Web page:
“When nothing seems to help, I go and look at a stonecutter hammering away at his rock perhaps a hundred times without as much as a crack showing in it. Yet at the hundred and first blow, it will split in two, and I know it was not that blow that did it — but all that had gone before.”

Q: What do you feel are three lessons or principles learned in sports that you feel apply to business?

To me it’s pretty simple, it’s teamwork, never giving up, and learning how to fail.


Teamwork is definitely number one. It’s understanding that you’re part of a team and what you do and what you say matters. That’s from your work product to the attitude that you bring to being humble to letting other people shine.

Never Give Up

So often in sports, you’re taught, you play until the very end and hard work really does count, and I think that’s absolutely true in business as well. I have so many folks ask me, “How did you get to where you are?” “What’s your advice?” There’s no secret other than just work really, really hard, care and never give up.

Learn How to Fail

I probably think the most important lesson is learning how to fail or to make mistakes. Growing up playing soccer, I lost a lot. I mean we won a lot, but we lost a lot as well. Learning what it felt like when you lose, how do you deal with that, and what you are going to do differently next – those skills are absolutely interchangeable with business

Q: Why do you think it’s important for women to be involved in the sports industry?

I think women make phenomenal team members, phenomenal leaders and they bring a diversity of thought that you don’t necessarily see as much in the sports industry – and we need to see more of it! Women bring grit and integrity and the immense capacity for hard work and passion. They truly do make the sports business kind of go round.

Q: What advice would you give women who are entering the sports industry and/or the entertainment industry?

It would be the same advice probably for both, and I would say it’s really kind of two-fold.

Work as Hard as You Can Possibly Work

There is no nine to five in the sports or the entertainment business and it’s important to know that coming in, that both are lifestyle type industries. There will be nights. There will be weekends. And that’s okay because that’s how you really cut your teeth coming into any industry is being okay and doing what needs to be done.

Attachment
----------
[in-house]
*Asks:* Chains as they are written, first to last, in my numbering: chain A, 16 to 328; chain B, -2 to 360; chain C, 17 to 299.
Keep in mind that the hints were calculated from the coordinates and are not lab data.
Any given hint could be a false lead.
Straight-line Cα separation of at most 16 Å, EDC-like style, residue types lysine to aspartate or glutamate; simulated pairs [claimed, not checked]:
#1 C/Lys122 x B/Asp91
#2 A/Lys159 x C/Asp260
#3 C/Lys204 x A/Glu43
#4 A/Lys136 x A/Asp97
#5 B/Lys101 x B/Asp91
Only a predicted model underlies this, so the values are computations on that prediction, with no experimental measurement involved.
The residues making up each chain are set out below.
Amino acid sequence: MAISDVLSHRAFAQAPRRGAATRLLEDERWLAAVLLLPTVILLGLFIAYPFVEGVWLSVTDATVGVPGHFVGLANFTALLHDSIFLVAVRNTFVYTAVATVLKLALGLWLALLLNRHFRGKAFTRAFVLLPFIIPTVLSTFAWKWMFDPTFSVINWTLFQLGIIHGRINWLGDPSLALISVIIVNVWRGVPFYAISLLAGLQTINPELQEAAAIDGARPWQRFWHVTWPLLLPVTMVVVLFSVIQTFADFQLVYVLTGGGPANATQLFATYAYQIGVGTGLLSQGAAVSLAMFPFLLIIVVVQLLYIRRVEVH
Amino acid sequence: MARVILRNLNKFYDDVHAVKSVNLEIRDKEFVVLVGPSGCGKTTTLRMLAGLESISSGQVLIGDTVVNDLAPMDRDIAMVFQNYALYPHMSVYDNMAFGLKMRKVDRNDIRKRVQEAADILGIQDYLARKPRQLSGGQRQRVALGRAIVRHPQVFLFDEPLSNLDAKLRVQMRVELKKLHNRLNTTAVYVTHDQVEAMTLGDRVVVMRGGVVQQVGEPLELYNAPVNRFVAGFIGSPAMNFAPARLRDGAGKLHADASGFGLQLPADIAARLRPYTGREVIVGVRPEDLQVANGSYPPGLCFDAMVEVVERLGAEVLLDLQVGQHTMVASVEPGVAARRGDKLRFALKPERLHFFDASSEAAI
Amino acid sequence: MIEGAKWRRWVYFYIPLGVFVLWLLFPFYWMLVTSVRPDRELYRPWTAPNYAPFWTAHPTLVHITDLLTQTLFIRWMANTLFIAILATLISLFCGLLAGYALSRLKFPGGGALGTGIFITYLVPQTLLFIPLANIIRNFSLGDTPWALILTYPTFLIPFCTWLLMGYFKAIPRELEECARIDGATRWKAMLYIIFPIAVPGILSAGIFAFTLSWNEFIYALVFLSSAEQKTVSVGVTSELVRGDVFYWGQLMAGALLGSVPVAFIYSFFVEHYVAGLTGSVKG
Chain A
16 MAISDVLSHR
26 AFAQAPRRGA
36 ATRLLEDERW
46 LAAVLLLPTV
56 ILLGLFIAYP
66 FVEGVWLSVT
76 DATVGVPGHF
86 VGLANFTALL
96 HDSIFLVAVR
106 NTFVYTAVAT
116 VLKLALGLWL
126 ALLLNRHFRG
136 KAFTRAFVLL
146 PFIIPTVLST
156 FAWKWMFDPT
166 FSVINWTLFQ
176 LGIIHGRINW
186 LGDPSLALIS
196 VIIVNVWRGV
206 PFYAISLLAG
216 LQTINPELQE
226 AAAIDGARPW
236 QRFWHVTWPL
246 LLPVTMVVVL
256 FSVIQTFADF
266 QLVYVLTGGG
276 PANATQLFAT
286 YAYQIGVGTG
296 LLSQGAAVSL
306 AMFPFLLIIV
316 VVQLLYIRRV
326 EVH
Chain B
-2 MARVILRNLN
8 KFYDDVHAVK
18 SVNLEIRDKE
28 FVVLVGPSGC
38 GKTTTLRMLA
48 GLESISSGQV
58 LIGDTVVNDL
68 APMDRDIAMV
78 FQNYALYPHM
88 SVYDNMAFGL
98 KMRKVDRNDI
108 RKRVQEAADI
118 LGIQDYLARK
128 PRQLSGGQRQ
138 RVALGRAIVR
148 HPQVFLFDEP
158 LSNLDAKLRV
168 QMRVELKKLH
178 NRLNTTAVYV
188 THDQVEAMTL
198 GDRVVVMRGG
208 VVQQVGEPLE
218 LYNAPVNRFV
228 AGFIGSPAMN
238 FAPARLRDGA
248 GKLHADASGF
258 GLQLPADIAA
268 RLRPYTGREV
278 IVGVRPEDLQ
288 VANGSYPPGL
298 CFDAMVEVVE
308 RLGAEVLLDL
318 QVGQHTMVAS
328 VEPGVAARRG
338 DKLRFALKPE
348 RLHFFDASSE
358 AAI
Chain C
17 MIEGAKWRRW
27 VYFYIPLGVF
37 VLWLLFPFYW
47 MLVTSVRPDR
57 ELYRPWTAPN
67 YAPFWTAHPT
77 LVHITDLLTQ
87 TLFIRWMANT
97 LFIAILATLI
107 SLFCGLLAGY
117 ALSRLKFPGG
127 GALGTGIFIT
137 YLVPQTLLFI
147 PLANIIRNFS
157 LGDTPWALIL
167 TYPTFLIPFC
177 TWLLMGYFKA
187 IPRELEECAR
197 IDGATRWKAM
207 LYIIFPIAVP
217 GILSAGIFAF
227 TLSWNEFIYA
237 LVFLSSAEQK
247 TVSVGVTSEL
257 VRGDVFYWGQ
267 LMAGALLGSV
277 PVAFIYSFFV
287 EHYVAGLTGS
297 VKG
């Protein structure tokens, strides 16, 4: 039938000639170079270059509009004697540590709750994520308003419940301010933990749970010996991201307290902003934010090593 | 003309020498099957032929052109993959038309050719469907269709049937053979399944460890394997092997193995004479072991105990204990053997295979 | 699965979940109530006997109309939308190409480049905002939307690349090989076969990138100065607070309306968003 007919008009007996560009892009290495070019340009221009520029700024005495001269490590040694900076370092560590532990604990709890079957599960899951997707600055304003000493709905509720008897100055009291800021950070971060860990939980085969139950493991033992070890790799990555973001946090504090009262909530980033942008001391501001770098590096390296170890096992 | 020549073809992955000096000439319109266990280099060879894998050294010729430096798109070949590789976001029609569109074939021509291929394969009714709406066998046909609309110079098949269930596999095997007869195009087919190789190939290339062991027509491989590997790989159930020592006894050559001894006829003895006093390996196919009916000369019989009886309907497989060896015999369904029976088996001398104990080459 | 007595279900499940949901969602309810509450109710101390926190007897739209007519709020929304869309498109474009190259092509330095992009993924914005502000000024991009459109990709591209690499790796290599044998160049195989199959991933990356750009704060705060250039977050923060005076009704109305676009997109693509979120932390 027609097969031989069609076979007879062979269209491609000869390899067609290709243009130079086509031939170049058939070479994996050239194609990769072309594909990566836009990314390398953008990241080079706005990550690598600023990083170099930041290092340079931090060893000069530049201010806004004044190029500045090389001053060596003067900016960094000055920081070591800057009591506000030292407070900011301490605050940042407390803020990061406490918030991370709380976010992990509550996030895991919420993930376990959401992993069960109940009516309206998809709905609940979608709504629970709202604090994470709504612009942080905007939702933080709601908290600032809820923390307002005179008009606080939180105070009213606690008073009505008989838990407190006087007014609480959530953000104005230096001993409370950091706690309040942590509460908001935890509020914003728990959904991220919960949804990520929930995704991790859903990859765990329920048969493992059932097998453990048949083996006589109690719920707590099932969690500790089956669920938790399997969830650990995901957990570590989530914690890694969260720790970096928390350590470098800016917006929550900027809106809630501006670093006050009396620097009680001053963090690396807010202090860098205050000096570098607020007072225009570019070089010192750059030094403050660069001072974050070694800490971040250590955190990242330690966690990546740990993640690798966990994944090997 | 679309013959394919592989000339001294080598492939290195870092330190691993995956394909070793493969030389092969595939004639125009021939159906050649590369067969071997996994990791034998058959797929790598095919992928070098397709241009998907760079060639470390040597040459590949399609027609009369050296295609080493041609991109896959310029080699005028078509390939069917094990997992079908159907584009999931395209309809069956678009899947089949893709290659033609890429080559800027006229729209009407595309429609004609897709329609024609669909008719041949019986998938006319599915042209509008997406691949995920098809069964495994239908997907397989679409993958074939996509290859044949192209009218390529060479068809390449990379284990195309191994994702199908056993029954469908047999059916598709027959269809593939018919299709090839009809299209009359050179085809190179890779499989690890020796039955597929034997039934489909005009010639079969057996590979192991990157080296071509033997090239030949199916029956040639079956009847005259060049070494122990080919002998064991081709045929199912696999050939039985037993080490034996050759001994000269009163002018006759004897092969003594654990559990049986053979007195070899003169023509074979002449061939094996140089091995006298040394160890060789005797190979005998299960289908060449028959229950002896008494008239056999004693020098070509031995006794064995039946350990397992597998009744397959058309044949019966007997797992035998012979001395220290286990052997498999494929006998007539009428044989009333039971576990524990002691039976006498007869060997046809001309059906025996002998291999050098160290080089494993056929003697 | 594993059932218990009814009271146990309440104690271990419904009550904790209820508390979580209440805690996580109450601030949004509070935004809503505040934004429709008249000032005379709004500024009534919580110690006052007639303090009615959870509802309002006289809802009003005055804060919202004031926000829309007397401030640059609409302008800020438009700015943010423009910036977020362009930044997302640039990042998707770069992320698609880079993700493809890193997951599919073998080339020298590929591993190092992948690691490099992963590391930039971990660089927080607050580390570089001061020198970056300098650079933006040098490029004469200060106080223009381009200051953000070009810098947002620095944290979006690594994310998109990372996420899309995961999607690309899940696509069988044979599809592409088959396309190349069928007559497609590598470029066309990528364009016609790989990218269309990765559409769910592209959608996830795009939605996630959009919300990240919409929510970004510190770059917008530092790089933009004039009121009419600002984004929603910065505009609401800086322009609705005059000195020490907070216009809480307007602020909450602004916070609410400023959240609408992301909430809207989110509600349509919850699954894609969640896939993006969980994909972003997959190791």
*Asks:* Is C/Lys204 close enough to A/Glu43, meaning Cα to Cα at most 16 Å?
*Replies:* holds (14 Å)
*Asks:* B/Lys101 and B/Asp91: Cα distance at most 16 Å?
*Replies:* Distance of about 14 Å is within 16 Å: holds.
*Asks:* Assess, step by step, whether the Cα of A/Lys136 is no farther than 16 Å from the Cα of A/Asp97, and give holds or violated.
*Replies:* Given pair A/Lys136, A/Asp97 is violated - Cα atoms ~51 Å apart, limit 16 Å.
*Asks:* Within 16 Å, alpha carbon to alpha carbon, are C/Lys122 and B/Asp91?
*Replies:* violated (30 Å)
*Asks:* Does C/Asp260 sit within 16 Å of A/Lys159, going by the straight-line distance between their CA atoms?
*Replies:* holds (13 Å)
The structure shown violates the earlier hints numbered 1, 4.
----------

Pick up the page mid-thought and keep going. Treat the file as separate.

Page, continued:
Find a Mentor

A mentor can be a man or a woman, but I certainly recommend women reach out to other women leaders within their industry. Introduce yourself, buy them coffee, and ask them questions about who they are. This isn’t a mentor that’s going to help you find your next job; this is a mentor that’s going to help you figure out who you are and how you can be most valuable where you’re currently working. The power of networking and mentorship is really important.

Q: This year’s theme for WICT is “Be a Catalyst.” How does this resonate with you and why do you think it’s important to always push the envelope?

Being a catalyst is about bringing a spark somewhere, and we need as many sparks as we can possibly get. We need women who are willing to really step up, take calculated risks and follow through. The more we have women who feel comfortable to do that and who work in environments where that type of thinking and approach is welcomed, the more you’re going to see women succeed in our industry.

Emma and I wrapped up our interview with a memory of her high school soccer coach and a message that is relevant long after the grueling practices and games. “He would repeat, ‘You have to want it. You have to want it. You have to want it.’” She explained that this same desire to “want it” directly translates to business. “I work with some of the most passionate people in the world, who are really some of the best at what they do, and there’s no doubt that every day we come in thinking, “You have to want it.” And I think that’s pretty cool.”

Are you curious about career paths in the sports industry? Join us in Atlanta on Tuesday, February 27th for the WICT and Turner Women in Sports: How to Play the Game to hear from industry experts on how you to navigate the industry and gain valuable insight on the future of women in sports.

Networking 101: Ways to Step Up Your Networking Game


Contributed by Courtney Madson

For some, networking can seem more like a task than an opportunity. While others, count the days until their next chance to meet and mingle. No matter your feeling about it, networking is key to both professional and personal growth. With these tips, you’ll be on your way to developing lasting business relationships and becoming a stronger networker.

Step Out of Your Comfort Zone

It’s easy to stay within your comfort zone, but by showing up for this event, you’ve already taken a small step out of it. Use this opportunity to meet new people. Feel free to start by networking with people you know, but don’t be afraid to introduce yourself to those you don’t. You never know, that one step out of your comfort zone could be one step closer to your dream job.

Be Yourself

Networking events are the perfect opportunity to make new connections and strengthen existing business relationships. With any relationship, it’s important to be yourself and sell people on what makes you-you. So, rather than say what you think they want to hear, be genuine. This way you’re guaranteed to start authentic, lasting relationships, plus you won’t have to pretend to be someone different the next time you see them.